The Face of Another  – ★★★★★
“We are what we pretend to be, so we must be careful about what we pretend to be” (Kurt Vonnegut).
After enjoying The Woman in the Dunes  over the summer, I have now read The Face of Another by the same author (translated from the Japanese by E. Dale Saunders). In this story, which is narrated through three notebooks (diaries), we are told of a scientist who gets facially disfigured while conducting an experiment in a laboratory, and struggles from then on to fit into the society with his disfigured face. He manages to make a mask that is indistinguishable from a real face, but soon finds out that his problems have only just began as his personality also starts to change. There is something from Frankenstein  in this novel, something from Strange Case of Dr Jekyll and Mr Hyde , something from The Invisible Man , something from Steppenwolf , and something from Franz Kafka and Ernesto Sabato as well, resulting in this novel being a psychologically and philosophically delicious journey into the dark recesses of one increasingly damaged mind.
There are a number of ways to write a review of this book because there are a number of interpretations one can focus on. I will emphasize in this review the link between the face and identity, and the resulting psychology and existential crisis. In The Face of Another, the main character (the scientist) learns fast after his lab accident that one’s presentable face is essential for societal acceptance. His face is so horribly disfigured that he has to bandage it and then go out into the world, with the result being that people stare at him and feel embarrassed. The scientist also realises that one’s face provides a special key to one’s identity. By losing his face, the narrator feels like he lost something very important – not only the means to make normal communication with the outside world possible, but also some path through which he can see himself, who he really is and connect with himself (perhaps, with his mental image of himself). We become aware of the ensuing existential crisis of the narrator through three notebooks which he left behind. In them, he hints at some terrible act that he has committed, but we as yet know nothing about, and at his dissatisfaction with the societal response to his disfigurement. “Shut off by a wall of affability, I was always completely alone” [1964: 10] and “yet it was not I who should feel ashamed. If there was anyone who should suffer, was it not rather the world that had buried me alive, that made no attempt to recognise a man’s personality without the passport of the face?” [1964: 98], writes our narrator in one of his notebooks.
The narrator of the notebooks (the scientist) then makes a decision to make a mask which is indistinguishable from a real face to begin a new life as an acceptable member of society. Since the narrator is a scientist, he approaches every problem with an analytical mind. He consults an expert in cosmetic surgery, as well as an expert in palaeontology, finding out that facial movements and wrinkles would be the hardest to replicate in any artificial face. When our narrator finishes his mask, that would make him finally a normal human being in the eyes of many, and then tries it on, he is not sure if its effects are as desirable anymore. At this point, The Face of Another plays interestingly with an ancient notion that states that a man is capable of anything provided that he wears a mask. The idea here is that when a person veils his identity, he is capable of thoughts and actions his normal self would not even dream of. In this sense, Kobo Abe explores in The Face of Another a situation whereby a mask provides one with special liberation and empowerment, changing the wearer’s personality, making him do strange things. After all, the majority of public actions are only being restrained or propelled by societal expectations – they should reflect those expectations and we act accordingly.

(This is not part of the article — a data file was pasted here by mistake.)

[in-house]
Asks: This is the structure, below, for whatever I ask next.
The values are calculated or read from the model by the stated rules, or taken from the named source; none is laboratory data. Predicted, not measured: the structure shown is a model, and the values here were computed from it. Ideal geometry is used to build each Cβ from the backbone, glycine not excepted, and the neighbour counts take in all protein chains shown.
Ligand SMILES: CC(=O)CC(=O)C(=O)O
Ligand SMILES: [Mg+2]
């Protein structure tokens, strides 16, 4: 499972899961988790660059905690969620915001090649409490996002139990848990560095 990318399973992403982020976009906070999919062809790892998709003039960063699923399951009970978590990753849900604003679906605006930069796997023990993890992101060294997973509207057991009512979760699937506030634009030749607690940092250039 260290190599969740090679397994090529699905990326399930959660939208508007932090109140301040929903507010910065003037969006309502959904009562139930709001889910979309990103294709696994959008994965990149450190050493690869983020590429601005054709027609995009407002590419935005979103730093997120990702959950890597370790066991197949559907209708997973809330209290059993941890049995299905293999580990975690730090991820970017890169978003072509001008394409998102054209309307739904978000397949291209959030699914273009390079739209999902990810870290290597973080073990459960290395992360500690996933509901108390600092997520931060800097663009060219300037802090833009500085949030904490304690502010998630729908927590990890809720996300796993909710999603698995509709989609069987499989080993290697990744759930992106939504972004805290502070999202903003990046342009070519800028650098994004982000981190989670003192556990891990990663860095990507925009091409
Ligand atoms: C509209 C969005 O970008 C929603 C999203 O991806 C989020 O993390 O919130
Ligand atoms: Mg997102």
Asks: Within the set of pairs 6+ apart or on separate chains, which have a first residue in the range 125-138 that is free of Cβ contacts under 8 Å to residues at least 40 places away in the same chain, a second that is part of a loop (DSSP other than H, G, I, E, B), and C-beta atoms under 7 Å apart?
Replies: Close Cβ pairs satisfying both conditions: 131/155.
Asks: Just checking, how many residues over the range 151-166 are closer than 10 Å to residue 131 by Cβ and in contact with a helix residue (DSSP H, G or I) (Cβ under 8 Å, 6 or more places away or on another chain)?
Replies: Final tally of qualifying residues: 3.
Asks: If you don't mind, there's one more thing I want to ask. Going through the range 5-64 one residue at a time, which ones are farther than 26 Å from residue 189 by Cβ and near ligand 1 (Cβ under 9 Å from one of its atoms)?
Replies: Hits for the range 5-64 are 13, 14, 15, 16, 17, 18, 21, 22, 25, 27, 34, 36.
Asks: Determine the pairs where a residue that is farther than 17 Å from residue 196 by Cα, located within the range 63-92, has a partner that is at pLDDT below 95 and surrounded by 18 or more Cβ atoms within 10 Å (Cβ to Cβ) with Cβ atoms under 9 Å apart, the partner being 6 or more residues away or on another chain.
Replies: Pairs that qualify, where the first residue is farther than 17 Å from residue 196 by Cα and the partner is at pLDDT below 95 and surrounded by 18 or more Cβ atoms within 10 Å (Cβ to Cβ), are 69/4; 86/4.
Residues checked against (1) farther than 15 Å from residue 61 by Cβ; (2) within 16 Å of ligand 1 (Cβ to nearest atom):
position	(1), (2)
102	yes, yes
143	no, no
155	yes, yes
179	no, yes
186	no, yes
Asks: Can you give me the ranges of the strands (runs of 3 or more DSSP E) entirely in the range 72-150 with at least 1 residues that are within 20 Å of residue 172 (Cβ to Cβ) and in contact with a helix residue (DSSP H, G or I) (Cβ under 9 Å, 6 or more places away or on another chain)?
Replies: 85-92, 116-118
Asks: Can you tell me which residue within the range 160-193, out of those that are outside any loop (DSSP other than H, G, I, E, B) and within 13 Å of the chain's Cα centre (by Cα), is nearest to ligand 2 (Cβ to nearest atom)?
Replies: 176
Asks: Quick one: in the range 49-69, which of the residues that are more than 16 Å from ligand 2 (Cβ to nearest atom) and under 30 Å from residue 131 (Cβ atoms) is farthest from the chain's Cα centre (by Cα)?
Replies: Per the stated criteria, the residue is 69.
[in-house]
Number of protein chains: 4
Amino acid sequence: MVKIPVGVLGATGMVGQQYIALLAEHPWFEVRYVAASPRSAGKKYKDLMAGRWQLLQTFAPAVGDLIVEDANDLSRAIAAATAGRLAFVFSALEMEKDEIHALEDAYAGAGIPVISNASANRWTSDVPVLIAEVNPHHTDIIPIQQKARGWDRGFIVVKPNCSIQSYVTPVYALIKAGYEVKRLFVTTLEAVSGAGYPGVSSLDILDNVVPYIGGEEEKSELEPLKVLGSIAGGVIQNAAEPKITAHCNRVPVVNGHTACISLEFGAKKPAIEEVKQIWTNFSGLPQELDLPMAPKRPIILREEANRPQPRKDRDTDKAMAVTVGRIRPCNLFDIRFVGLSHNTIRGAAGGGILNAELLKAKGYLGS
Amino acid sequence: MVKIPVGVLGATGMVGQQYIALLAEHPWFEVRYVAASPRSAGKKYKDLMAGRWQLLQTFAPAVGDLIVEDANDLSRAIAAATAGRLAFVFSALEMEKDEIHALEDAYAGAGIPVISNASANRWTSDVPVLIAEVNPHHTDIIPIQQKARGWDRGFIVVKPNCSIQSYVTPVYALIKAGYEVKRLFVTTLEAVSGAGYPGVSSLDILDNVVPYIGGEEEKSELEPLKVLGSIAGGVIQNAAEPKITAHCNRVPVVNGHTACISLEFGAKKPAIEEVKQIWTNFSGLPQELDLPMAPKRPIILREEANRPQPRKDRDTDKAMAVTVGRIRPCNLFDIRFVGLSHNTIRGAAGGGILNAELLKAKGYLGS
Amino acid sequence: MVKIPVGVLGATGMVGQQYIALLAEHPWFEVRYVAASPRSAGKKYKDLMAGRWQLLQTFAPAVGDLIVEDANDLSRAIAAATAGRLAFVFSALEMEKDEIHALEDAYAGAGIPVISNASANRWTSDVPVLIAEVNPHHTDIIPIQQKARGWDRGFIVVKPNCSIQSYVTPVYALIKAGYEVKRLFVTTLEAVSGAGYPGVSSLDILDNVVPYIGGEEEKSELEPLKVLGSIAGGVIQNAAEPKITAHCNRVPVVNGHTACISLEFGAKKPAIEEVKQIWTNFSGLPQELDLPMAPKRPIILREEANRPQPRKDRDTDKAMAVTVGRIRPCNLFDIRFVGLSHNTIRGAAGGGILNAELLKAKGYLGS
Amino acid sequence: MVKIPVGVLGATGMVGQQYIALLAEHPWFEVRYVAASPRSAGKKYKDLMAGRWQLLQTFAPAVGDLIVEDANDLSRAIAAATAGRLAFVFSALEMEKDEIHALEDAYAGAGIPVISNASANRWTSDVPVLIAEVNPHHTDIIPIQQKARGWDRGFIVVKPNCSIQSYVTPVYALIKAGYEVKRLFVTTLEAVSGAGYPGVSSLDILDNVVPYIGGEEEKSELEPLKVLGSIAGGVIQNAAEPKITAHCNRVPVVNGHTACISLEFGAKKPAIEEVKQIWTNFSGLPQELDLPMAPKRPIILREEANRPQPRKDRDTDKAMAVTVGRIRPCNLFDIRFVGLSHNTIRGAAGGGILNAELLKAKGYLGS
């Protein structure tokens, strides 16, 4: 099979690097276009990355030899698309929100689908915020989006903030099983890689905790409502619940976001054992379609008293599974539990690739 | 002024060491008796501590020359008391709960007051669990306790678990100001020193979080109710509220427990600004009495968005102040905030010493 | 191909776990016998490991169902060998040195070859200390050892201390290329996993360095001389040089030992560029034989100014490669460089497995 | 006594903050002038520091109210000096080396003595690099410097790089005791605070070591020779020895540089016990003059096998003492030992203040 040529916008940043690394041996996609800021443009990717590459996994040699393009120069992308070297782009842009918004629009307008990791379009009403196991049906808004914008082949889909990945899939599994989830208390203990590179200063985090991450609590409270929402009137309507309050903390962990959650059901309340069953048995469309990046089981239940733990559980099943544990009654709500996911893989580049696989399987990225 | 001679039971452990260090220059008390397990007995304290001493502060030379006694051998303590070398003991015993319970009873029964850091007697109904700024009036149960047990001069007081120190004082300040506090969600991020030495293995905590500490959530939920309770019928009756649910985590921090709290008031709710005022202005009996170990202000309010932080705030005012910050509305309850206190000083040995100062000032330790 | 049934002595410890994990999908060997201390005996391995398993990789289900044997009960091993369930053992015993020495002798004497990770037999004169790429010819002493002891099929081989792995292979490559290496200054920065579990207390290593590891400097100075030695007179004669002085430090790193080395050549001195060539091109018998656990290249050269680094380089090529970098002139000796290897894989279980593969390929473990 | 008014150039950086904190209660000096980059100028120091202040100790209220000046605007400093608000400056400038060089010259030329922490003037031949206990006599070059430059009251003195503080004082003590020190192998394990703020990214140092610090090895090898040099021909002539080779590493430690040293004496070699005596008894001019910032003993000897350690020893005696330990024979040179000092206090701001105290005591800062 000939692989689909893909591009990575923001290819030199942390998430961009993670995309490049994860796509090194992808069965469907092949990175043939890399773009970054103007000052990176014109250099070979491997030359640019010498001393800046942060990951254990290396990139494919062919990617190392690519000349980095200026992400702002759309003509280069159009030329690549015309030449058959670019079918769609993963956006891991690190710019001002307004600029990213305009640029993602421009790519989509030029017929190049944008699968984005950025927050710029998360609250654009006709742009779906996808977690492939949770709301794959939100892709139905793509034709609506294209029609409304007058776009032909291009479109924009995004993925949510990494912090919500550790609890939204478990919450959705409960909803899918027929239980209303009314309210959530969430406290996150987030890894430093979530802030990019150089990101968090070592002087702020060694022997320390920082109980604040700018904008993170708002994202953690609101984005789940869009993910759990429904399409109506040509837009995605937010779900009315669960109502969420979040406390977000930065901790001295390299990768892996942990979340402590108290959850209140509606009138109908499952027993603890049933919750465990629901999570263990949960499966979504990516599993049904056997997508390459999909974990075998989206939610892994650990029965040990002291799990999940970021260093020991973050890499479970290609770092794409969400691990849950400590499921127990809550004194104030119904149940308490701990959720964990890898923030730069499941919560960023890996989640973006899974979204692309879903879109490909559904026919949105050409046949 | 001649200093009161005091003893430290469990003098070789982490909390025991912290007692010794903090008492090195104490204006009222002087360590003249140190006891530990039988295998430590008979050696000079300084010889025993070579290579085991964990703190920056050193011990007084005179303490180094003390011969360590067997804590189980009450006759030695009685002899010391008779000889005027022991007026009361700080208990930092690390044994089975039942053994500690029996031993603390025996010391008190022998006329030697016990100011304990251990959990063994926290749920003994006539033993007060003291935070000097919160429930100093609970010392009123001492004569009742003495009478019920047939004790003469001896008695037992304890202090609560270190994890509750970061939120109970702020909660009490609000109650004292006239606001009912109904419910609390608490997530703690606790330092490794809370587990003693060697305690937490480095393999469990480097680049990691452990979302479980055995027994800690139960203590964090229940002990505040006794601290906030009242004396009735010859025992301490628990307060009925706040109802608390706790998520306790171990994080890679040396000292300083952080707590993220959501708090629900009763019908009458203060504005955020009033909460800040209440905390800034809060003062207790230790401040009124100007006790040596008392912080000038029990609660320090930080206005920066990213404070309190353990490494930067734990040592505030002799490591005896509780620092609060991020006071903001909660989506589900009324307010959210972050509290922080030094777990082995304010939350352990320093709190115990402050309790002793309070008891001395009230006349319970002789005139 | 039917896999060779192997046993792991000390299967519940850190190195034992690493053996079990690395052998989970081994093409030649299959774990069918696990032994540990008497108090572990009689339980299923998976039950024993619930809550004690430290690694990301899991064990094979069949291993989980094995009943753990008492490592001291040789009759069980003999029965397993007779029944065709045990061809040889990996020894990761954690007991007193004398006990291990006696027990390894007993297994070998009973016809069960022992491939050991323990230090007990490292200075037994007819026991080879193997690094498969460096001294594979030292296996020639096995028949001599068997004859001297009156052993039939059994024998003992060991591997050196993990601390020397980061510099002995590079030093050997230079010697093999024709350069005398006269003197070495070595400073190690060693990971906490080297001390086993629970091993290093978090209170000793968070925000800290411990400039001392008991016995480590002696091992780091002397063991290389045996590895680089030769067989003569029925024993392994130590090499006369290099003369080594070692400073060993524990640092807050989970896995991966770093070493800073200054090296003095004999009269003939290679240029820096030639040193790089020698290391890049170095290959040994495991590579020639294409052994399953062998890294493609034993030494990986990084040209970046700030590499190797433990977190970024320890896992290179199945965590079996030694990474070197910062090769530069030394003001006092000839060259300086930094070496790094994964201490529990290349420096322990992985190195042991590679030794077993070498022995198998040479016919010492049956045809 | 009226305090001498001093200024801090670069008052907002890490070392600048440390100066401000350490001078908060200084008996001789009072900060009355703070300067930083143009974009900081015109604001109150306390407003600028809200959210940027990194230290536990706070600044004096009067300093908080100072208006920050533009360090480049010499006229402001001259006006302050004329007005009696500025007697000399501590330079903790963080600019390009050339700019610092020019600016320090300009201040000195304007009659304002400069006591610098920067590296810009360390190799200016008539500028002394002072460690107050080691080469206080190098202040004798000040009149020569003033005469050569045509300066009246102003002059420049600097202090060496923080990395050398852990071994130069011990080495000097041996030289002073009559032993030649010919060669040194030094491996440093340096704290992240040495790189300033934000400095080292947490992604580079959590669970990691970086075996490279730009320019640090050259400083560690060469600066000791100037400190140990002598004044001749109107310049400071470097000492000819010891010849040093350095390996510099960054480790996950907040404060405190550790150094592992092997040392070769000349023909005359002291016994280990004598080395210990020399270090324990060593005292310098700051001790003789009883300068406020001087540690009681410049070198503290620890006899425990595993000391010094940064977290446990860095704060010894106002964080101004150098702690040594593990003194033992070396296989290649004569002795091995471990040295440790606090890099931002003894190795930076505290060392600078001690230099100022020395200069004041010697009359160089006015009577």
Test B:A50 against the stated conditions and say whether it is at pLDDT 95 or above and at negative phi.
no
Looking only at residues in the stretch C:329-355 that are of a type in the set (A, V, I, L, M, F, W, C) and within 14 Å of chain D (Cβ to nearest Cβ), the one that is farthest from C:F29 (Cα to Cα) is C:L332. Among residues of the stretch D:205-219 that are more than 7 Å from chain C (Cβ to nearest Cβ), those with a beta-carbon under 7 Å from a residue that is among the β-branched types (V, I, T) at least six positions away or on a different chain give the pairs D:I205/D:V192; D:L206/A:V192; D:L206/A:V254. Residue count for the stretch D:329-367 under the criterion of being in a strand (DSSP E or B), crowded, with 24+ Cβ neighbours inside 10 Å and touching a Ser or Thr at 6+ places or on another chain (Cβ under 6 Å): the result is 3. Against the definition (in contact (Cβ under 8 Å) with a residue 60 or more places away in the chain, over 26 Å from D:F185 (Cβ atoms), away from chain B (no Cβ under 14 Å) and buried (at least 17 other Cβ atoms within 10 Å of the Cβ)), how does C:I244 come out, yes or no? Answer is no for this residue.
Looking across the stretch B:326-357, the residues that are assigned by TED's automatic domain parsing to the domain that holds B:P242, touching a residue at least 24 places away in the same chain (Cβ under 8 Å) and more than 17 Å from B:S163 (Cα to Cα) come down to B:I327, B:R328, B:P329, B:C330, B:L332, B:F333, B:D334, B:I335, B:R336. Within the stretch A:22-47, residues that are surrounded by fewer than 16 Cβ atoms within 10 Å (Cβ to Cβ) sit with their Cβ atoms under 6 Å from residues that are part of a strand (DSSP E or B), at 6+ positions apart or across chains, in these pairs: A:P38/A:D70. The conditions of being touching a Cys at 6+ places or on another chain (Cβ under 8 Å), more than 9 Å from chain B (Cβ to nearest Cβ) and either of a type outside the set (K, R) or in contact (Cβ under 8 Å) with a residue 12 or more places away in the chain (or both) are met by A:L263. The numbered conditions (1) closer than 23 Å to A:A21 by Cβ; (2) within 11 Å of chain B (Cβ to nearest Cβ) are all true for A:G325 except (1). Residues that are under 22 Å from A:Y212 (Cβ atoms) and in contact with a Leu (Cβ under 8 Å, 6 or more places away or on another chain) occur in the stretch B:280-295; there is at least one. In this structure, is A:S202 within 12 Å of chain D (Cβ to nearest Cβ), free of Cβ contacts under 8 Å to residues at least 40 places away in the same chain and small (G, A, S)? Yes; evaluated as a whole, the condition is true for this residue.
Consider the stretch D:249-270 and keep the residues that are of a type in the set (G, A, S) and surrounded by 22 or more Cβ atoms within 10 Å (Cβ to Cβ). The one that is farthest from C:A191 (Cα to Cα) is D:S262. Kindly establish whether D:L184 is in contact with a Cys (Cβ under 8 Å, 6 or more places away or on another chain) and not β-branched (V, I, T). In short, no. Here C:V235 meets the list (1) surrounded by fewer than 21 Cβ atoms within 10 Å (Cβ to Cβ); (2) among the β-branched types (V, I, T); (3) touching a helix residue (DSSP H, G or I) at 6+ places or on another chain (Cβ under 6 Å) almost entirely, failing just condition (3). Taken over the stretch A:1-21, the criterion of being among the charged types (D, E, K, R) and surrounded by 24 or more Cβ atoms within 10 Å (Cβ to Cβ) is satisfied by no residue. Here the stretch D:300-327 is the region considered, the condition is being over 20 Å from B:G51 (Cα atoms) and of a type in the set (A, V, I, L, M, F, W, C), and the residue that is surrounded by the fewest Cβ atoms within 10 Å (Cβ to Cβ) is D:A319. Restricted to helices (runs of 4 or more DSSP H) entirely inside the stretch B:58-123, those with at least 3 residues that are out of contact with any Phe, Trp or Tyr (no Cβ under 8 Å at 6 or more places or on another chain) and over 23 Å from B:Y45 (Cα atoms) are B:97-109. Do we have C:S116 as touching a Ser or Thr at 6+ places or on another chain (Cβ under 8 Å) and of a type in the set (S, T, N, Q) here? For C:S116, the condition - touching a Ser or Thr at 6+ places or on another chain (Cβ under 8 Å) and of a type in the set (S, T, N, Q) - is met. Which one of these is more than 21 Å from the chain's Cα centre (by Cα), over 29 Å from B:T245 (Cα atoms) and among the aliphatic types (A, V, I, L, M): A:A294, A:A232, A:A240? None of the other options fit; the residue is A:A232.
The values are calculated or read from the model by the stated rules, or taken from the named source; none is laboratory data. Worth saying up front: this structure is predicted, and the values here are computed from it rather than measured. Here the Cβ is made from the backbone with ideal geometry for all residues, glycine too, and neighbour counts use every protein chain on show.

The great aspect of the novel is that we do not quite know what to expect from the narrator or where his new transformation would take him. At the start, we do not even know the nature of an incident that led to his disfigurement because the scientist in his journal chooses to focus on the room that he started to rent and on his laboratory work, rather than on what we really want to know – what horrible thing did the narrator apparently commit? This focus on insignificant things makes for an intriguing read since we have no choice but to fill the gaps in knowledge with our own horrifying conclusions. Also, like in The Woman in the Dunes, there is a big contrast in The Face of Another between the relative calm of the beginning and the chaotic, almost insane, realisations coming to us readers seemingly from nowhere in the novel’s second part. Near the end of The Face of Another, one very interesting psychological situation occurs involving the wife of the scientist, who has also struggled throughout the story to come to terms with her husband’s transformation. Despite the novel’s slightly rambling and repetitive nature, its conclusion feels strangely right and elegant.
The Face of Another would be a delightful book for those who like introspective books which focus on the mind of a main character thrown into an extraordinary situation. The book is a psychologically intense character study of a man grappling with the realities of his facial disfigurement (stigma and alienation), as well as with the realities of his newly found, even if artificially-constructed, identity.
This review was written as part of the 14th Readers Imbibing Peril Reading Challenge.
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